I believe that the reality of human nature suggests that a check written several months before or after a key legislative vote would weigh less heavily in the minds of all concerned. At the very least, the appearance of corruption would be reduced. And inarguably, the amount of time that a legislator or statewide officeholder would have to devote to his or her official responsibilities would increase dramatically if he or she no longer had to set aside large blocs of time every day for fundraising calls, receptions and other legalized shakedowns.

Since attacking election fraud and abuse has been such a big part of the cover for right-wingers seeking to restrict the votes of minorities, students and others in several states, we wondered if Schnur thinks voter fraud is a problem in California.

three-card-monteArtful Dodger on Sticky Issues He dodged the question using the “if…then” sidestep, arguing that if there’s even one case of voter fraud then that’s a problem. But so too is it a problem if there’s even one case of people being denied access to the ballot. He would not say whether he thinks voter fraud or ballot access are problems.

Likewise on voter ID cards. He wouldn’t say whether he supports or opposes them, only that if the Legislature were to decide to institute some form of voter ID, he would do everything in his power as SoS to ensure that everyone had access to the resources needed to establish an ID and reach the polls.

These are strategic responses, designed to avoid being categorized by the right or left as associated with either cause, without alienating those who believe voter fraud is a problem or that voter ID needs to be tightened.

But neither are these issues at the center of his campaign. His three key goals are: 1) Fixing a broken system; 2) Encouraging more participation, especially among younger people, and 3) Rebuilding the political center.

In part to bolster his bi-partisan bona fides, he’s relying on Democrat Darry Sragow and Republican Rob Stutzman, as his chief campaign consultants. He’s using Democrat Michelle Maravich and Republican Joanne Davis as fund raisers. And for communications advice, he’s getting help from Democrat Karen Skelton and Republican Donna Lucas. For polling, he’s relying on M4 Strategies, which employs largely on-line respondent panels, about which Calbuzz has long expressed concerns but which others have found reliable.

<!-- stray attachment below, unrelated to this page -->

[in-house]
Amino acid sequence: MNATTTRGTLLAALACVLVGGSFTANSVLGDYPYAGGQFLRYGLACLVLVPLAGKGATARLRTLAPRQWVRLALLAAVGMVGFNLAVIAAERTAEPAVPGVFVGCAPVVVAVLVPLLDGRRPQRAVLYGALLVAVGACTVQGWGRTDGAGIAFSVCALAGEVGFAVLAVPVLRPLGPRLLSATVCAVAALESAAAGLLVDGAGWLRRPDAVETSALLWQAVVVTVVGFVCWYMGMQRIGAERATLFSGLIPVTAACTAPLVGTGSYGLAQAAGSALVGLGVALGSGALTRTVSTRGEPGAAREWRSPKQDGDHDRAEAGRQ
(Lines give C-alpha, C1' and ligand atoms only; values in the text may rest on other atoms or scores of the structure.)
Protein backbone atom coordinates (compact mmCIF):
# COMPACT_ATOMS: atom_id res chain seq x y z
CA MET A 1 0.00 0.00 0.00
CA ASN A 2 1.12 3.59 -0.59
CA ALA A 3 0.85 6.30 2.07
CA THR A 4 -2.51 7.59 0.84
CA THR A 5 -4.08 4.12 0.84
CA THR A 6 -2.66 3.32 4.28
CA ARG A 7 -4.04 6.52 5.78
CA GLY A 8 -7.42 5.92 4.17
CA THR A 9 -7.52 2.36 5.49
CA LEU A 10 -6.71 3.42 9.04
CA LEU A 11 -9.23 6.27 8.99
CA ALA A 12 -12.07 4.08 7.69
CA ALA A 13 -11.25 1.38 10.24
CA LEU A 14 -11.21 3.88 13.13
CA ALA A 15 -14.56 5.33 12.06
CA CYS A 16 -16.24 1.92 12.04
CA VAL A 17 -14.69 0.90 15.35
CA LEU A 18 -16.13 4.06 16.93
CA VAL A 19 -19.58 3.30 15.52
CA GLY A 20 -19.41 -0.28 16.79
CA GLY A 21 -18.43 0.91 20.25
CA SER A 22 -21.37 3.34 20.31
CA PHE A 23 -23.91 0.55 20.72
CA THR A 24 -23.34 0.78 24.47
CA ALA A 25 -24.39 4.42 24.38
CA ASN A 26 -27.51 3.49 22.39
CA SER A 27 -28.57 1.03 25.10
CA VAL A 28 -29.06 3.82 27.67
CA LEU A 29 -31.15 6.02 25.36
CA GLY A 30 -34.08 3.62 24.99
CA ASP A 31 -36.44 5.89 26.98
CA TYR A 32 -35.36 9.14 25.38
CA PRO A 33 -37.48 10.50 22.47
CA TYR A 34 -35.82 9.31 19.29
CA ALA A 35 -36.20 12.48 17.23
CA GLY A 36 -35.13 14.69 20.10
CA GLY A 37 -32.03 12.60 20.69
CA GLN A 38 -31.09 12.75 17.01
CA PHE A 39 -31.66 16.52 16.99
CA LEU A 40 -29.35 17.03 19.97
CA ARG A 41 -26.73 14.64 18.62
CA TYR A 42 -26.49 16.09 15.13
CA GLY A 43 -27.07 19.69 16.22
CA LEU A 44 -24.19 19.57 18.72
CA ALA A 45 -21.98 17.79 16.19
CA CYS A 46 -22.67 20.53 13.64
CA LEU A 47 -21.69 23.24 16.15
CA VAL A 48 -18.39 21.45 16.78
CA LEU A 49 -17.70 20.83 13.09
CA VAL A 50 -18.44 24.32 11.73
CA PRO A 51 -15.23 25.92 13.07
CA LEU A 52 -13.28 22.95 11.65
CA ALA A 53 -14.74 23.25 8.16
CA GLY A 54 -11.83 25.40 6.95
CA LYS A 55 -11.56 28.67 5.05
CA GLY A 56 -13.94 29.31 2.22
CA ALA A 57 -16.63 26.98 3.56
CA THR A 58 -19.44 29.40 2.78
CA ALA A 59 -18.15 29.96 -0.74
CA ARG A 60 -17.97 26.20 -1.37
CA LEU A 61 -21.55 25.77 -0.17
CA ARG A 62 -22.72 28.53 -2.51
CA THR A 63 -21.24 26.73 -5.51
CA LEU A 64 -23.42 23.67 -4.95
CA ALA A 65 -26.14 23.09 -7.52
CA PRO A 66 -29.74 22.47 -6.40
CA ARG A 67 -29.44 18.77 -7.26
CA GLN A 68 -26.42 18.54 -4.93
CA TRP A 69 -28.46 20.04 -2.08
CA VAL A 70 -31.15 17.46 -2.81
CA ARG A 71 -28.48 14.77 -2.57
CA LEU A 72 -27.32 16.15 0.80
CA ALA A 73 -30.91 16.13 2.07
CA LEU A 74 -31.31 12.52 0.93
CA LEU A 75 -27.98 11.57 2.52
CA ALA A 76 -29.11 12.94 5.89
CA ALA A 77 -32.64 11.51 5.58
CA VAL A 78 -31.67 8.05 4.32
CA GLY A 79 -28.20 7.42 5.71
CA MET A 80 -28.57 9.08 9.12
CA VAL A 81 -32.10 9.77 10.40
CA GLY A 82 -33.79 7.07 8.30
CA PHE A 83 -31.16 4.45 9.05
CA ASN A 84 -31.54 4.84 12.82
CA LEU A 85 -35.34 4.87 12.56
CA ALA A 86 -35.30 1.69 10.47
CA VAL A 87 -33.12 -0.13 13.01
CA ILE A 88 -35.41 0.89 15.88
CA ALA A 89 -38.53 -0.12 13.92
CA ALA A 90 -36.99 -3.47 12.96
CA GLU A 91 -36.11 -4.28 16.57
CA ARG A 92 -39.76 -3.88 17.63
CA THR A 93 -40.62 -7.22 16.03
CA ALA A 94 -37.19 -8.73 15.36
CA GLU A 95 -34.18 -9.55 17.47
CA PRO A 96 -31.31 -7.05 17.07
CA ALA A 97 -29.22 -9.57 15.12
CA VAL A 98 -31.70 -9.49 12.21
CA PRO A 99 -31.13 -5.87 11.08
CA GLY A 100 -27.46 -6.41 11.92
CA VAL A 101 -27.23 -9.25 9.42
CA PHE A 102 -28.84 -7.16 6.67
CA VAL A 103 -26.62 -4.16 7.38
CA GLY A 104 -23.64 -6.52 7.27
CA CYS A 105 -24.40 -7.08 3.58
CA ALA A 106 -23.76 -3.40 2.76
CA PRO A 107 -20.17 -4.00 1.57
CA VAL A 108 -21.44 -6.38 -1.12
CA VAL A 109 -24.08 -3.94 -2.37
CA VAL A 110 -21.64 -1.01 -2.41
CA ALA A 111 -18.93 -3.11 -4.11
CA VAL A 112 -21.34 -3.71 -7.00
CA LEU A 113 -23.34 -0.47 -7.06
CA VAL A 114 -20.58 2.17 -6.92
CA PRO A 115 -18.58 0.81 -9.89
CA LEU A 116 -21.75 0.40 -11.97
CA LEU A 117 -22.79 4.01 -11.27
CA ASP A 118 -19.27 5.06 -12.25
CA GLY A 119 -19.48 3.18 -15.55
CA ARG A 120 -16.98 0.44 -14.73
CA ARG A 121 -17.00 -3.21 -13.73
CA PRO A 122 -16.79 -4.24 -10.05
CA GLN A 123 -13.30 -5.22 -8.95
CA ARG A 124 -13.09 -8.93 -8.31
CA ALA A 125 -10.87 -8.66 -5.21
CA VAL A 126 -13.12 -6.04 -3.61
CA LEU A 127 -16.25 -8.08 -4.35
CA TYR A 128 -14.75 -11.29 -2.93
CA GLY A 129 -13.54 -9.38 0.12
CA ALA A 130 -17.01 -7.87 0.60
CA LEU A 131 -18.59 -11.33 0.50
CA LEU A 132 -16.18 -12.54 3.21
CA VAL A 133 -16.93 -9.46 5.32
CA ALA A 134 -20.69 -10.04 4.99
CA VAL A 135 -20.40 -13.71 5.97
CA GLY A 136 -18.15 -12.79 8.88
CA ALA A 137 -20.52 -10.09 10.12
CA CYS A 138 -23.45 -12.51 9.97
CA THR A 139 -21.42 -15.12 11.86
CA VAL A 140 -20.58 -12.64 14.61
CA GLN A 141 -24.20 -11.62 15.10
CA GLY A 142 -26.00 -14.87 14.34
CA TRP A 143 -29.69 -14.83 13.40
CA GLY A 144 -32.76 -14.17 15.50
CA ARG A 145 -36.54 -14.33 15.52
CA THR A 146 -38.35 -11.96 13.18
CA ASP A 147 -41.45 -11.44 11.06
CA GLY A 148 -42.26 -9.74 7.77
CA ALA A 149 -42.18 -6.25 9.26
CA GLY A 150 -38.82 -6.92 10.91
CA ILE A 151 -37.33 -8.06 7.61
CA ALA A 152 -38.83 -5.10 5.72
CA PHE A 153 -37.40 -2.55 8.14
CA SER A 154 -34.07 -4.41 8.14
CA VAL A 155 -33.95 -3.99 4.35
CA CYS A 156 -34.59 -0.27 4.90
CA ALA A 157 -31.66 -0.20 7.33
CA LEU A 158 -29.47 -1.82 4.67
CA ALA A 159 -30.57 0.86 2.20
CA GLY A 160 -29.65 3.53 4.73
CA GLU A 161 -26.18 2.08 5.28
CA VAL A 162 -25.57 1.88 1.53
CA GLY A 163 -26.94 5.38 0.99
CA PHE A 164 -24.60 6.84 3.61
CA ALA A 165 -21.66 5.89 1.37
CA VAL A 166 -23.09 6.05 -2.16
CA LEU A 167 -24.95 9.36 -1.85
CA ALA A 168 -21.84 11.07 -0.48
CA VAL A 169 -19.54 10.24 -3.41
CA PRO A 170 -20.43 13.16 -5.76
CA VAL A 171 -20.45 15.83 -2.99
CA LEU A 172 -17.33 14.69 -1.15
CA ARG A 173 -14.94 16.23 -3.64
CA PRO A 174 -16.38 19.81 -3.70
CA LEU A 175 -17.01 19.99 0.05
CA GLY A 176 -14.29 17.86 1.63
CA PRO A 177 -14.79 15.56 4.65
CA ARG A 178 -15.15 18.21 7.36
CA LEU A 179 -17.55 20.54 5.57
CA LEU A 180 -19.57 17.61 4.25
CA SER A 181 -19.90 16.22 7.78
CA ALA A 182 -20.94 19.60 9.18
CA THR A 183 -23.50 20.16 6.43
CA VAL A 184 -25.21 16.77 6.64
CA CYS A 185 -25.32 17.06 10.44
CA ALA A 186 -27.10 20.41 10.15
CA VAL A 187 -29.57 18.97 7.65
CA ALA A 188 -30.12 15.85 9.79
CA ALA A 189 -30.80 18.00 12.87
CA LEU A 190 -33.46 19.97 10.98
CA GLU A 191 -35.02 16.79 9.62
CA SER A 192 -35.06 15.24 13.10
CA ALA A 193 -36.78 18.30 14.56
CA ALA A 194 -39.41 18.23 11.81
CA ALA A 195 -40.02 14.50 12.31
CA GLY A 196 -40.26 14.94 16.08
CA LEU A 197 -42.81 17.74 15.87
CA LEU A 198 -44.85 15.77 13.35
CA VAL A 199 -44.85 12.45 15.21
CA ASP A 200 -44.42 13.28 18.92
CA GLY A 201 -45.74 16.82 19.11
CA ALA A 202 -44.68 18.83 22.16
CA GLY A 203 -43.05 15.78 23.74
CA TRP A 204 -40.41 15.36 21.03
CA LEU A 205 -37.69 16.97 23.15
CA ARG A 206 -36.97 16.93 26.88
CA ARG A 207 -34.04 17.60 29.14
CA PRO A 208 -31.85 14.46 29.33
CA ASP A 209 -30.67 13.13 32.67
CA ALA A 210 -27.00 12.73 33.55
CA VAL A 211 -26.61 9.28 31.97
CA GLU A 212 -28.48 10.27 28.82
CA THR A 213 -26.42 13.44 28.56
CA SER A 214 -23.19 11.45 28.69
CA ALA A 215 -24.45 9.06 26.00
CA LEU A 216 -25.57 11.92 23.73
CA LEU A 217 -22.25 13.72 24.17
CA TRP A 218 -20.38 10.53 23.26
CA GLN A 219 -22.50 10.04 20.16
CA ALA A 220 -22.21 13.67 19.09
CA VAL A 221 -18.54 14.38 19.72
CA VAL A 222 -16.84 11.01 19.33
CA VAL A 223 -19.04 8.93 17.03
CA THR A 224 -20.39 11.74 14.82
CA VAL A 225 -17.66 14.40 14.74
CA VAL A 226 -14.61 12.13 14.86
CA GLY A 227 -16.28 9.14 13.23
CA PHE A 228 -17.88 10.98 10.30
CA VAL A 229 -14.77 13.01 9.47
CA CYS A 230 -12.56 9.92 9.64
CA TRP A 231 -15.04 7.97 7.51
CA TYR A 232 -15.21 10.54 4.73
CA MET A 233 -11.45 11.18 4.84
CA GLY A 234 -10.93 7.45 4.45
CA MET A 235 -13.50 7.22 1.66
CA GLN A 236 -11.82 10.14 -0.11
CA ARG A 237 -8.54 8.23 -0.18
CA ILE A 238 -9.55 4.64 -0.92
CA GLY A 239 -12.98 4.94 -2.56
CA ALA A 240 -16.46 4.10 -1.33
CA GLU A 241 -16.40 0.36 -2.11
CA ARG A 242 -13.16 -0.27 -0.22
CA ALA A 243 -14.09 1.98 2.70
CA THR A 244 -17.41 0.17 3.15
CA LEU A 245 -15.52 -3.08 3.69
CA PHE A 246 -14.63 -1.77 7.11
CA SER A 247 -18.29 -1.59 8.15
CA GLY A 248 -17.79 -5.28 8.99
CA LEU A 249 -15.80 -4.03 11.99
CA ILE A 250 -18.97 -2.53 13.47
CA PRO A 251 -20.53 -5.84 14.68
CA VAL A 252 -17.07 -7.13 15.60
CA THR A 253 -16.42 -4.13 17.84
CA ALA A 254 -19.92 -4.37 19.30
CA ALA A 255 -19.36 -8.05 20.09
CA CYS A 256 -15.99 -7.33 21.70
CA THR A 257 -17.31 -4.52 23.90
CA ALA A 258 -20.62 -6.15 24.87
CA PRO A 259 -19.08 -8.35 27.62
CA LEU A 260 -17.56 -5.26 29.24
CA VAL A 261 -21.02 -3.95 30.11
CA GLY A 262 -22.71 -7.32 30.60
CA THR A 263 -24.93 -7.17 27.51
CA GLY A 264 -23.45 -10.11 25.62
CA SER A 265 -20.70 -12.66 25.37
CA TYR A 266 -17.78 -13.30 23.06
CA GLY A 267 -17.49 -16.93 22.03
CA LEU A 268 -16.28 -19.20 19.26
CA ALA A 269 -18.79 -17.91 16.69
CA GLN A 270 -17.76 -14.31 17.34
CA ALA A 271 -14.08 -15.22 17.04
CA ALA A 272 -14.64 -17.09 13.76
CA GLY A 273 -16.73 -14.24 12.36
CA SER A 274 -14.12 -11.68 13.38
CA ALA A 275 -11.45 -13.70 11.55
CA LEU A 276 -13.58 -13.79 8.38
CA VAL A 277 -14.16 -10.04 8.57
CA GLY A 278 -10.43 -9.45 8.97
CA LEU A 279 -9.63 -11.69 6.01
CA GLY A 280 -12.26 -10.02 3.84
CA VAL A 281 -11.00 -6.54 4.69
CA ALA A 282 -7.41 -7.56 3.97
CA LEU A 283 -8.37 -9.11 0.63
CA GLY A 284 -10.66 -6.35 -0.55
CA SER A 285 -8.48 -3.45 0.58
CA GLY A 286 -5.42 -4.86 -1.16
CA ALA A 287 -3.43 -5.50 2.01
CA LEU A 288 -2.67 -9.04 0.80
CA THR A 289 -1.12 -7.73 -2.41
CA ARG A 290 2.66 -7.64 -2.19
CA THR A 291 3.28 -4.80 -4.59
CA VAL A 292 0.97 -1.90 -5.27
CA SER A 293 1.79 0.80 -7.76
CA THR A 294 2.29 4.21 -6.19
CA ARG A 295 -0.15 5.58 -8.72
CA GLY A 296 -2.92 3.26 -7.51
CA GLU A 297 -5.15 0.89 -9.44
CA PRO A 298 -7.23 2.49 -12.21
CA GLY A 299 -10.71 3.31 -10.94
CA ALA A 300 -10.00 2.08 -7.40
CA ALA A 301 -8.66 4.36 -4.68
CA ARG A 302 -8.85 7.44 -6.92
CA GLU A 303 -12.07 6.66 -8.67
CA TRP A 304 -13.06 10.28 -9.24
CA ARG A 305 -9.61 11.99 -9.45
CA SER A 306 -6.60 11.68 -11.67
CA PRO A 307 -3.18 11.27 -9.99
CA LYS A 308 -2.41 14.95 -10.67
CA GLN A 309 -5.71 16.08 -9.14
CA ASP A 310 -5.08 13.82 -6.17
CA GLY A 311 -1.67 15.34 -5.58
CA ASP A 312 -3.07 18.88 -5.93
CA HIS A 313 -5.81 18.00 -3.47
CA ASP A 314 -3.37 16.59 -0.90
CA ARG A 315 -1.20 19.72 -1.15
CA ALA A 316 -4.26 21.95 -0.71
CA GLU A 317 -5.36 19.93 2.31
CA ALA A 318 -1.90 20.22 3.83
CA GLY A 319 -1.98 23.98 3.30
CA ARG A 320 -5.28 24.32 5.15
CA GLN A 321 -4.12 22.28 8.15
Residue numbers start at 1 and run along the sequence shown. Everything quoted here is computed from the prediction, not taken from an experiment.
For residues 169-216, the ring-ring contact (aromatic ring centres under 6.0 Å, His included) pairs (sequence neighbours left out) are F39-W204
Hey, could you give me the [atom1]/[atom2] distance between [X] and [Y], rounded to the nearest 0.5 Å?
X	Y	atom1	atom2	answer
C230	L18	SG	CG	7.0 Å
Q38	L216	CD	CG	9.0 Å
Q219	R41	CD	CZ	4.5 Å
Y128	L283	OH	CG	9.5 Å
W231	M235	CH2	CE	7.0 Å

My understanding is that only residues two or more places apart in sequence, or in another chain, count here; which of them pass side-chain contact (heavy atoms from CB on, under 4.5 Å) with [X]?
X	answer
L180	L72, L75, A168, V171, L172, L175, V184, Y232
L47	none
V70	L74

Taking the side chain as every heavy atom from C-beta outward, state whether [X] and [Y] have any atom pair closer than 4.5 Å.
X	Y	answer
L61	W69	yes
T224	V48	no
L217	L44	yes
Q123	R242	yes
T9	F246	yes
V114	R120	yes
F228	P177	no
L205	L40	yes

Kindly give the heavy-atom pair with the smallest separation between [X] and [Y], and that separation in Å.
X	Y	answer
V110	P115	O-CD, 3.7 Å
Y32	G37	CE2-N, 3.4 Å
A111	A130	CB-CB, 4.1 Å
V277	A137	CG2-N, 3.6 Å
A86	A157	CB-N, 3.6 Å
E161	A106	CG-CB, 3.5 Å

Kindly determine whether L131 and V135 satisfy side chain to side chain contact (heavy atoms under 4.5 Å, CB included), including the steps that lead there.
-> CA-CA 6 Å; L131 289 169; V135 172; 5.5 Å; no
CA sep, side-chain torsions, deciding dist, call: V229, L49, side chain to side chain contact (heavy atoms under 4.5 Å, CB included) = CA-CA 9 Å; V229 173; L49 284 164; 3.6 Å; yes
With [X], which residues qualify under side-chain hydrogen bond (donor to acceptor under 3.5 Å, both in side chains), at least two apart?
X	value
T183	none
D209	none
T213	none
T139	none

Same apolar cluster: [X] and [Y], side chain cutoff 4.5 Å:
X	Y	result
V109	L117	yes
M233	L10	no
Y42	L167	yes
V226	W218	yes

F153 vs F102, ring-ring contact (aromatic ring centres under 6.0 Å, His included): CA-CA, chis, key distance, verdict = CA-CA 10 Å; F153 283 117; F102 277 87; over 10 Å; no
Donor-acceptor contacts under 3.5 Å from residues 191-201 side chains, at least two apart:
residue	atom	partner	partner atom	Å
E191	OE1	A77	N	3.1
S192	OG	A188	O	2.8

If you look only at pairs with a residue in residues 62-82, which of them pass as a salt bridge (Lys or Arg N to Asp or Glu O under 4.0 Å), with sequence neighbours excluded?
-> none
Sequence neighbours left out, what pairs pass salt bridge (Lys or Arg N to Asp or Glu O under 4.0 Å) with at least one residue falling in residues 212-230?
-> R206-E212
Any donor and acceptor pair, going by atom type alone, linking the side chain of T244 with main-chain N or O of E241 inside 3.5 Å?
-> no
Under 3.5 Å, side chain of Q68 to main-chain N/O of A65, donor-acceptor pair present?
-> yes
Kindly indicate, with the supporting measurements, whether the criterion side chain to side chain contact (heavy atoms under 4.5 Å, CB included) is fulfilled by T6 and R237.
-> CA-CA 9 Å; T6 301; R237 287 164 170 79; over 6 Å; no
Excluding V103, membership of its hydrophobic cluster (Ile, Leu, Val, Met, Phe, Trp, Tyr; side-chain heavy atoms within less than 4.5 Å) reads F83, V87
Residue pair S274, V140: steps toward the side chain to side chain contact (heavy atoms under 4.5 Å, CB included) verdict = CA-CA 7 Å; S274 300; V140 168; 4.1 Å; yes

But even if Schnur can convince voters he’s no longer a partisan, what chance would an independent Secretary of State have getting anything approved by a Legislature, controlled by partisan Democrats with partisan Republicans just as determined?

powerofoneThe Power of One Schnur argues that if he were to get elected, it would resonate through the halls of the Capitol. “If the people of California were to elect an independent, no-party-preference candidate to statewide office for the first time in history, that would send a very powerful message to members of both parties,” Schnur said. Especially those members who might find themselves open to challenge in their newly-redrawn legislative districts.

This is Schnur holding himself out as an independent centrist with no allegiance to any special interest – not labor or business, not Latinos or whites, not women or men. Except for younger people, who he wants to get more engaged in California politics.

“This job ought to be held by someone who’s not beholden to the interest of either party,” Schnur argues. He’s got a point. Whether he proves to be that someone will be up to voters to decide.

*Since researching this story, Schnur has posted a $25,000 contribution from himself and a $6800 contribution from Gen Equity State PAC, which contributed in the past to Arnold Schwarzenegger, Meg Whitman and other Republicans and to the 2012 ballot measure seeking to prevent unions from using dues to make political contributions.

** As one of our Calbuzz commenters notes: Hiram Johnson was elected Governor in 1914 as the nominee of the Progressive Party, in a 5-way race.